Kelsmas | 1840 Brewing
I love when breweries take chances and do weird things. Not necessarily putting weird or an excessive amount of things into the mash tun, but trying different things with traditional styles. My eyes light up and it makes me want to try it. Breweries like Off Color do this exceedingly well. 1840 Brewing in Milwaukee does this on occasion and one such beer is Kelsmas.
Brewed in honor of 1840 Brewing’s owner Kyle Vetter’s sister Kelsey who was born on Christmas, Kelsmas features a Berliner Weisse base with grape must. Specifically 2019 Lodi Old Vine grape must. OK, cool, a Berliner with wine-like characteristics. I can handle that. 1840 Brewing then conditioned it on cacao nibs and vanilla beans. Now that’s something that’ll catch my eye. Also, it’s 9% ABV, so this one’s an Imperial Berliner Weisse!
Kelsmas pours a light red or pink color. It kind of looks like watermelon juice to me or possibly a darker rosé. A copious three fingers of head forms that slowly reduces to a thin layer. Given my perception of Kelsmas, of course the first thing I smell is watermelon. Digging deeper and telling my brain to shut up reveals a hint of lemon tartness coming off the base Berliner Weisse. Grape juice or a wine becomes the dominant aroma after repeated sniffs. A booze or alcohol note complements everything.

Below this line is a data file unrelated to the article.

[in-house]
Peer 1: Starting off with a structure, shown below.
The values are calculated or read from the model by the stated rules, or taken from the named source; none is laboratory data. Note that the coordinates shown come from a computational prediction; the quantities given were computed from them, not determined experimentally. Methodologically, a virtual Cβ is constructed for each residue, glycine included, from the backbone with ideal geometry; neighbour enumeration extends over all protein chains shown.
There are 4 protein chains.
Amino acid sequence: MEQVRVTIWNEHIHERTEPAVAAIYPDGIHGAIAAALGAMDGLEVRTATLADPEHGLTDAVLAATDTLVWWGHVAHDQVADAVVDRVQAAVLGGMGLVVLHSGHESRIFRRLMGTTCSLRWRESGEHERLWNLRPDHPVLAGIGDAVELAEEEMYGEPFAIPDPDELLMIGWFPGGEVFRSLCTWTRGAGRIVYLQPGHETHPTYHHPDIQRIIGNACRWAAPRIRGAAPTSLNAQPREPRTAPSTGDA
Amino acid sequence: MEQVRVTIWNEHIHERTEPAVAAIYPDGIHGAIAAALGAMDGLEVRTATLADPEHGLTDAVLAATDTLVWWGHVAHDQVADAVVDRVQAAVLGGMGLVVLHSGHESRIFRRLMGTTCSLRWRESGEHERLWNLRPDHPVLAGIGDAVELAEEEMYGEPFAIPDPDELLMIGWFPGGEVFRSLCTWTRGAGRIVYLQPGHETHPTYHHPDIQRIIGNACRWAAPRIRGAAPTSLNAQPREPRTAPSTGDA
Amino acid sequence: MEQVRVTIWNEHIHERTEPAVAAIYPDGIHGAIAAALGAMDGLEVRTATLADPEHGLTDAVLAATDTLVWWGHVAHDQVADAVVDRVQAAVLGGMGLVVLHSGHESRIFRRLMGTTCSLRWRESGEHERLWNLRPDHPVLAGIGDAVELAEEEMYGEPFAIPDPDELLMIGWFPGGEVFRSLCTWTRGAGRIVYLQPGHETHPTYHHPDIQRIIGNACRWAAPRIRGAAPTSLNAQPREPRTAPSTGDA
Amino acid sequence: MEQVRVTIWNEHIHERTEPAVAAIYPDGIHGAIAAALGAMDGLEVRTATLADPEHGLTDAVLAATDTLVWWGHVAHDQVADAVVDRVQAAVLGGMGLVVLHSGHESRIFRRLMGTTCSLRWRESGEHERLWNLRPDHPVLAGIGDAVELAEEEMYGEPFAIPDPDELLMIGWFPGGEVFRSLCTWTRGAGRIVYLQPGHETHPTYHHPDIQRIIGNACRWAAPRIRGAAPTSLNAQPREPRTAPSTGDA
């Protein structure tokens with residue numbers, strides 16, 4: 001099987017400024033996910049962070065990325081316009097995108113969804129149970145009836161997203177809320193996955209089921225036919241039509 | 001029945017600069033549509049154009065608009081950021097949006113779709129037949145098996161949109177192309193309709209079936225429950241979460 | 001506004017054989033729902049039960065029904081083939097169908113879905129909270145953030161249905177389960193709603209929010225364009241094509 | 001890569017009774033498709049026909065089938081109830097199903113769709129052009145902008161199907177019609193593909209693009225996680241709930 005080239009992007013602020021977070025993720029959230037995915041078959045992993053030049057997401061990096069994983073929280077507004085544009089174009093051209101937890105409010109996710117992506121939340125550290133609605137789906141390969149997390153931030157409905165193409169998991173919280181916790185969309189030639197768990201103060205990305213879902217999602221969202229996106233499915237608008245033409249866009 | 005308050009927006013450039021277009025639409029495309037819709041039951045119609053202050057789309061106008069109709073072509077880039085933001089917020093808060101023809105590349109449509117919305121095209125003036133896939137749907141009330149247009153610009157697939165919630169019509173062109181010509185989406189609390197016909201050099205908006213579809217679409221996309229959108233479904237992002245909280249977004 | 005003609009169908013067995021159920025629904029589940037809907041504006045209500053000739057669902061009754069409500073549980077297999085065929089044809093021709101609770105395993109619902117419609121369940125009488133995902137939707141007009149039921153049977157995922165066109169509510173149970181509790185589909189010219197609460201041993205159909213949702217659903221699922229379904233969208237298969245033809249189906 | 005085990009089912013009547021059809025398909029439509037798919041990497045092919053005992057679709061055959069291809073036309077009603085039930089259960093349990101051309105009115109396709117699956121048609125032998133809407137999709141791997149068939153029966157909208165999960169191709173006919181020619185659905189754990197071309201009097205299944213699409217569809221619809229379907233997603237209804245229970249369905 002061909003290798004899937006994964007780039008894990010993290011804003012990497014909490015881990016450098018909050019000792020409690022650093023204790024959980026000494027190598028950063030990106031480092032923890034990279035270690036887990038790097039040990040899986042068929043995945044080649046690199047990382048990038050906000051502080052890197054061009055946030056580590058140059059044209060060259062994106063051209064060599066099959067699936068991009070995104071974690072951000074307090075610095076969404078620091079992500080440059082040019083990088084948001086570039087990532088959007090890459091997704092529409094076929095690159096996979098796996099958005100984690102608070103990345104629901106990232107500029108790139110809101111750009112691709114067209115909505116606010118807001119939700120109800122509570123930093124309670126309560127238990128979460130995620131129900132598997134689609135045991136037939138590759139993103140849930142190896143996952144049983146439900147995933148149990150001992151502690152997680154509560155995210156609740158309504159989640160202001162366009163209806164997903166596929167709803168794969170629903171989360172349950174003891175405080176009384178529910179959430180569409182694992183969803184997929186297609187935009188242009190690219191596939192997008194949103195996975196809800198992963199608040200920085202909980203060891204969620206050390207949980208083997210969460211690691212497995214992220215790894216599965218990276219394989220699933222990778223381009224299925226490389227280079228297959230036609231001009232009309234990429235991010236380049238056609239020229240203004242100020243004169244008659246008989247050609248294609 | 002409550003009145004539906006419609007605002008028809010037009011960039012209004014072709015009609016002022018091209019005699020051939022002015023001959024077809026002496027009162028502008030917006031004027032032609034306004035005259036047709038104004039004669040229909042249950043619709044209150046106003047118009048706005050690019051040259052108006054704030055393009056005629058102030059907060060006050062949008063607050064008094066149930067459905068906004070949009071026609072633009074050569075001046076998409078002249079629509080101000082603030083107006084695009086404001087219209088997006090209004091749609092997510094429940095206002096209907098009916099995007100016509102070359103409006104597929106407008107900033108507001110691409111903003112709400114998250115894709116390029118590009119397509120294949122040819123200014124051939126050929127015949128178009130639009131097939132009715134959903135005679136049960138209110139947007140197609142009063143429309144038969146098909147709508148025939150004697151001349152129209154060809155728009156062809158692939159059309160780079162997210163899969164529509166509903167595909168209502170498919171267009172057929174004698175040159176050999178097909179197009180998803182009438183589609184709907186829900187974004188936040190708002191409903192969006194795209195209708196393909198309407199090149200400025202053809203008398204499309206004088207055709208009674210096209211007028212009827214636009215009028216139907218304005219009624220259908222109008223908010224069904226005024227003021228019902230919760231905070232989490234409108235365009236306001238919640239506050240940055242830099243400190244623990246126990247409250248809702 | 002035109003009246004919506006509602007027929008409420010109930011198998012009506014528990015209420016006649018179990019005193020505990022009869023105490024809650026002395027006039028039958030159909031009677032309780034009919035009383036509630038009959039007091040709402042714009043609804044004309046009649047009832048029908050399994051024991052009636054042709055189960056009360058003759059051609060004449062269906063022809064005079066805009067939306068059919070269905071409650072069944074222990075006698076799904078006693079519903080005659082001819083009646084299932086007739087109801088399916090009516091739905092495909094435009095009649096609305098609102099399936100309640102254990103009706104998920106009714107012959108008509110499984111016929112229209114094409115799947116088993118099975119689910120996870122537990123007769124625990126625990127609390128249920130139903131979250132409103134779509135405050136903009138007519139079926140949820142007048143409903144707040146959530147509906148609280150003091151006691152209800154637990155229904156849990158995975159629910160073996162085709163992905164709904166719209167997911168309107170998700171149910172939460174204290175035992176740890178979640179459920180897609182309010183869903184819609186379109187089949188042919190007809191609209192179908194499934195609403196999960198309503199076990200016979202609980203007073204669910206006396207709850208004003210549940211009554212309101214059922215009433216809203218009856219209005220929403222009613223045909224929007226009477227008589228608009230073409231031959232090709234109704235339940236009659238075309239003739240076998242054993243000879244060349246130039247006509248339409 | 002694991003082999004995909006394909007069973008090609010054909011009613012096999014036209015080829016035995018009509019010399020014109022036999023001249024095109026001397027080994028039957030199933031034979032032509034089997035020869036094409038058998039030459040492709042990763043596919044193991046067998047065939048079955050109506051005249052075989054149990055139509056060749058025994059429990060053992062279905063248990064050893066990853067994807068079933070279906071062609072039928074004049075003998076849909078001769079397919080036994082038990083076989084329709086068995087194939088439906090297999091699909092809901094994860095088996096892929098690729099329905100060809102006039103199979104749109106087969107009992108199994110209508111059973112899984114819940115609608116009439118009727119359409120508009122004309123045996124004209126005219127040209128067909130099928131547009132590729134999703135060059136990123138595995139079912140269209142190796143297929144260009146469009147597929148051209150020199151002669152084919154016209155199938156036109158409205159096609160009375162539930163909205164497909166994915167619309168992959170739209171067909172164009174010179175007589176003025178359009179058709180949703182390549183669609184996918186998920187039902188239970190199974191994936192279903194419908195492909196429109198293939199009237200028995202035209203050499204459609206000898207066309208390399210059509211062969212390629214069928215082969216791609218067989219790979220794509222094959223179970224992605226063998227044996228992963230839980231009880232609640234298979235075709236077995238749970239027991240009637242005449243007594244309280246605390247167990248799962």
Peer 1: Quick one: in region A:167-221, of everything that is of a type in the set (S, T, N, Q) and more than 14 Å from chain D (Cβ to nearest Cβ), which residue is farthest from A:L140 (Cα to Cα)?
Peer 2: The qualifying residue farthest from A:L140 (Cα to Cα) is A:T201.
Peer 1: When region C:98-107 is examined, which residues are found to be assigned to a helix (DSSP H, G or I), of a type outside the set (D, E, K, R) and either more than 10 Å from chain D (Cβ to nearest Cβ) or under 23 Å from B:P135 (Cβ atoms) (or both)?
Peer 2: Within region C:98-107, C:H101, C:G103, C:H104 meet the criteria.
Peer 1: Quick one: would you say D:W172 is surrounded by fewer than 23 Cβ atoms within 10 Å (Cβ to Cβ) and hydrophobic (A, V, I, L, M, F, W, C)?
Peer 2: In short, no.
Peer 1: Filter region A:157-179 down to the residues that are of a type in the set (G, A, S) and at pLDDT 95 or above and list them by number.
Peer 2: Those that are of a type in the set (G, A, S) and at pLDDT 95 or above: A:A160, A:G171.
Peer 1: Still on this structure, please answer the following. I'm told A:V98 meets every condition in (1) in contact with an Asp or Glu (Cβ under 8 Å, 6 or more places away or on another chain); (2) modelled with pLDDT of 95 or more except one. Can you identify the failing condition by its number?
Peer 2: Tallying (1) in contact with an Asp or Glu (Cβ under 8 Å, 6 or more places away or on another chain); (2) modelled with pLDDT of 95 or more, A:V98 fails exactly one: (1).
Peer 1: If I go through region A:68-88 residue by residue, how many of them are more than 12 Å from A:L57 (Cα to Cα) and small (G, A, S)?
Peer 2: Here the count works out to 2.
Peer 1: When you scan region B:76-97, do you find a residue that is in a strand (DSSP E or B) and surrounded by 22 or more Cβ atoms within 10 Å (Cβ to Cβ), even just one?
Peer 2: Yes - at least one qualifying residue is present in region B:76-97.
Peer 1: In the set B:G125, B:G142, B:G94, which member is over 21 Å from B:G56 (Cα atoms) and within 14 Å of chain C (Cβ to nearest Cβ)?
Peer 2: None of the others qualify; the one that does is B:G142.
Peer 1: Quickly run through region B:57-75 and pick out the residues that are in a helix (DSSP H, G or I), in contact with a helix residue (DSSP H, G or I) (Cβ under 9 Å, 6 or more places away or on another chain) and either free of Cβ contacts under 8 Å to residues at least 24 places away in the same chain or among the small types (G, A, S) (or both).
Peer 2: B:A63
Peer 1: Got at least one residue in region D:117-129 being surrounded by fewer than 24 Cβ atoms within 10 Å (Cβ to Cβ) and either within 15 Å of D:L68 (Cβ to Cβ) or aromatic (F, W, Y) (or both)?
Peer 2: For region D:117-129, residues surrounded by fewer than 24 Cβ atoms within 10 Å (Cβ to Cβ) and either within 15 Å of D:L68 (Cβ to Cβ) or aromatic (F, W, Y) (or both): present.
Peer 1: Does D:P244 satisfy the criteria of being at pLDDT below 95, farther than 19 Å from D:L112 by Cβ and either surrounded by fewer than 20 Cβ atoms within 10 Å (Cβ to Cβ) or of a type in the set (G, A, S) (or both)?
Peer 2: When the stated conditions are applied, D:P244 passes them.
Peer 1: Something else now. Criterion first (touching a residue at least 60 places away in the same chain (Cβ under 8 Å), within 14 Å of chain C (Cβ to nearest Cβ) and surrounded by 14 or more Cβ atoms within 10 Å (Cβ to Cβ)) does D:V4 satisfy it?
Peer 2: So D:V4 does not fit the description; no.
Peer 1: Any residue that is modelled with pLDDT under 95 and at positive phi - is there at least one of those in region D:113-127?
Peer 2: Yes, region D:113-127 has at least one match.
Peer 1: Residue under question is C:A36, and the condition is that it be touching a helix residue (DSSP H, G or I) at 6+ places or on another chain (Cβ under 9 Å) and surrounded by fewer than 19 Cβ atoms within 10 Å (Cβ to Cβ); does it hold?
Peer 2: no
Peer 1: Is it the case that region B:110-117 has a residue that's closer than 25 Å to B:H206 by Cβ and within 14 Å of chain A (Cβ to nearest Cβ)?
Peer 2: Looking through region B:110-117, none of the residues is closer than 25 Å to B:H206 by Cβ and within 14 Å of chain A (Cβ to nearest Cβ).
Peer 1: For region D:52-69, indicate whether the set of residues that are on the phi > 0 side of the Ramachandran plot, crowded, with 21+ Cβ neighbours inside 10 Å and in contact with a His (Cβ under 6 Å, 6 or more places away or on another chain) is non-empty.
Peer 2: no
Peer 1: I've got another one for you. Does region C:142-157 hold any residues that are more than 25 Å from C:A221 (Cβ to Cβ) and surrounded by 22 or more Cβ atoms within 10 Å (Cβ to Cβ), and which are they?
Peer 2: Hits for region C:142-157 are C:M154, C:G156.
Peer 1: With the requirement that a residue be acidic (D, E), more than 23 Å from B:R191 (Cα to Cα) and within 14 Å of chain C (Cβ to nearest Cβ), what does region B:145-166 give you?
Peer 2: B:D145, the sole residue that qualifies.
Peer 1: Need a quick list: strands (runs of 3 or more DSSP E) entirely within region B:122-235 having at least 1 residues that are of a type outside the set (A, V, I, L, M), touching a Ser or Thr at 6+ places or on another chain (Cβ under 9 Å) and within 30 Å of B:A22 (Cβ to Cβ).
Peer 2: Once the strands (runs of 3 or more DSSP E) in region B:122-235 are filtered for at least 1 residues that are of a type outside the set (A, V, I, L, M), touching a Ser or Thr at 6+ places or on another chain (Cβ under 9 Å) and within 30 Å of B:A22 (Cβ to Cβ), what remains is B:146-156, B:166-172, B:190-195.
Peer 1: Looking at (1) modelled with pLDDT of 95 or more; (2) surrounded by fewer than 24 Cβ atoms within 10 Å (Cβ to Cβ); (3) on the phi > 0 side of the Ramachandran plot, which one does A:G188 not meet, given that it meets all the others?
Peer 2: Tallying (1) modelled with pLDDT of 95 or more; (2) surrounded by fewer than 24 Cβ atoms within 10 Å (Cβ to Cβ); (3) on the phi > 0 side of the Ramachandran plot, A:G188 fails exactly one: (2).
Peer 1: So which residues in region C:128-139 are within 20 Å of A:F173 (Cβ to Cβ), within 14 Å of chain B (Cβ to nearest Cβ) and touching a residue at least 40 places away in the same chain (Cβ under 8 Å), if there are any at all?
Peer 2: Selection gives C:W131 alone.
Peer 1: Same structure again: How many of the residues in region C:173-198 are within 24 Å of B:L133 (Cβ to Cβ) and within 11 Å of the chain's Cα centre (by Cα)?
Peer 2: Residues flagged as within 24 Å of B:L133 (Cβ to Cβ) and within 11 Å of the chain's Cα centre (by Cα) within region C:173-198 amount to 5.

Notice what I didn’t list. Despite being listed on the bottle, I perceived none of either the cacao nibs or vanilla. Possibly due to label pressure, there may have been some vanilla notes present, but nothing overpoweringly so. (Note: As I was researching the beer, I found out it was released in late December around Christmas. I received it from a friend in June and drank it shortly thereafter.)
Enough sniffing! Kelsmas hits dry and tart – actually very dry and very tart. It reminds me of a SweetTart. The most surprising thing comes in the boozy nature of the beer. The grape must (I’m assuming) adds some booze to the proceedings. It also adds a fair amount of wine-like characteristics, most notably the bone-dry finish. This is a beer that really blurs the line between wine and beer. It actually veers more towards wine.
The high carbonation is similar to wine, with only the grapes staying behind and coating the tongue. But still no sign of the cacao nibs or vanilla. So what’s left are some contradictions. The beer is light, but due to the grape must it drinks really heavy. Nothing wrong with the beer at all; it’s just heavy.
Kelsmas definitely goes down as a one pour only beer for me. It’s too boozy and heavy on the stomach to warrant anything more. We can table the label all we want, but if someone serves me a Berliner Weisse and it comes out this boozy and heavy, I wouldn’t be happy (although the 9% ABV should be a tip-off).
The SweetTart notes and the dry finish really pop, however. I really wish some of the cacao nibs or vanilla showed up in either the aroma or taste because it really could’ve made a difference in this beer. As it stands, this is definitely a winter beer that I’d be fine having one pour of. Huh – maybe a new style, the Winter Berliner?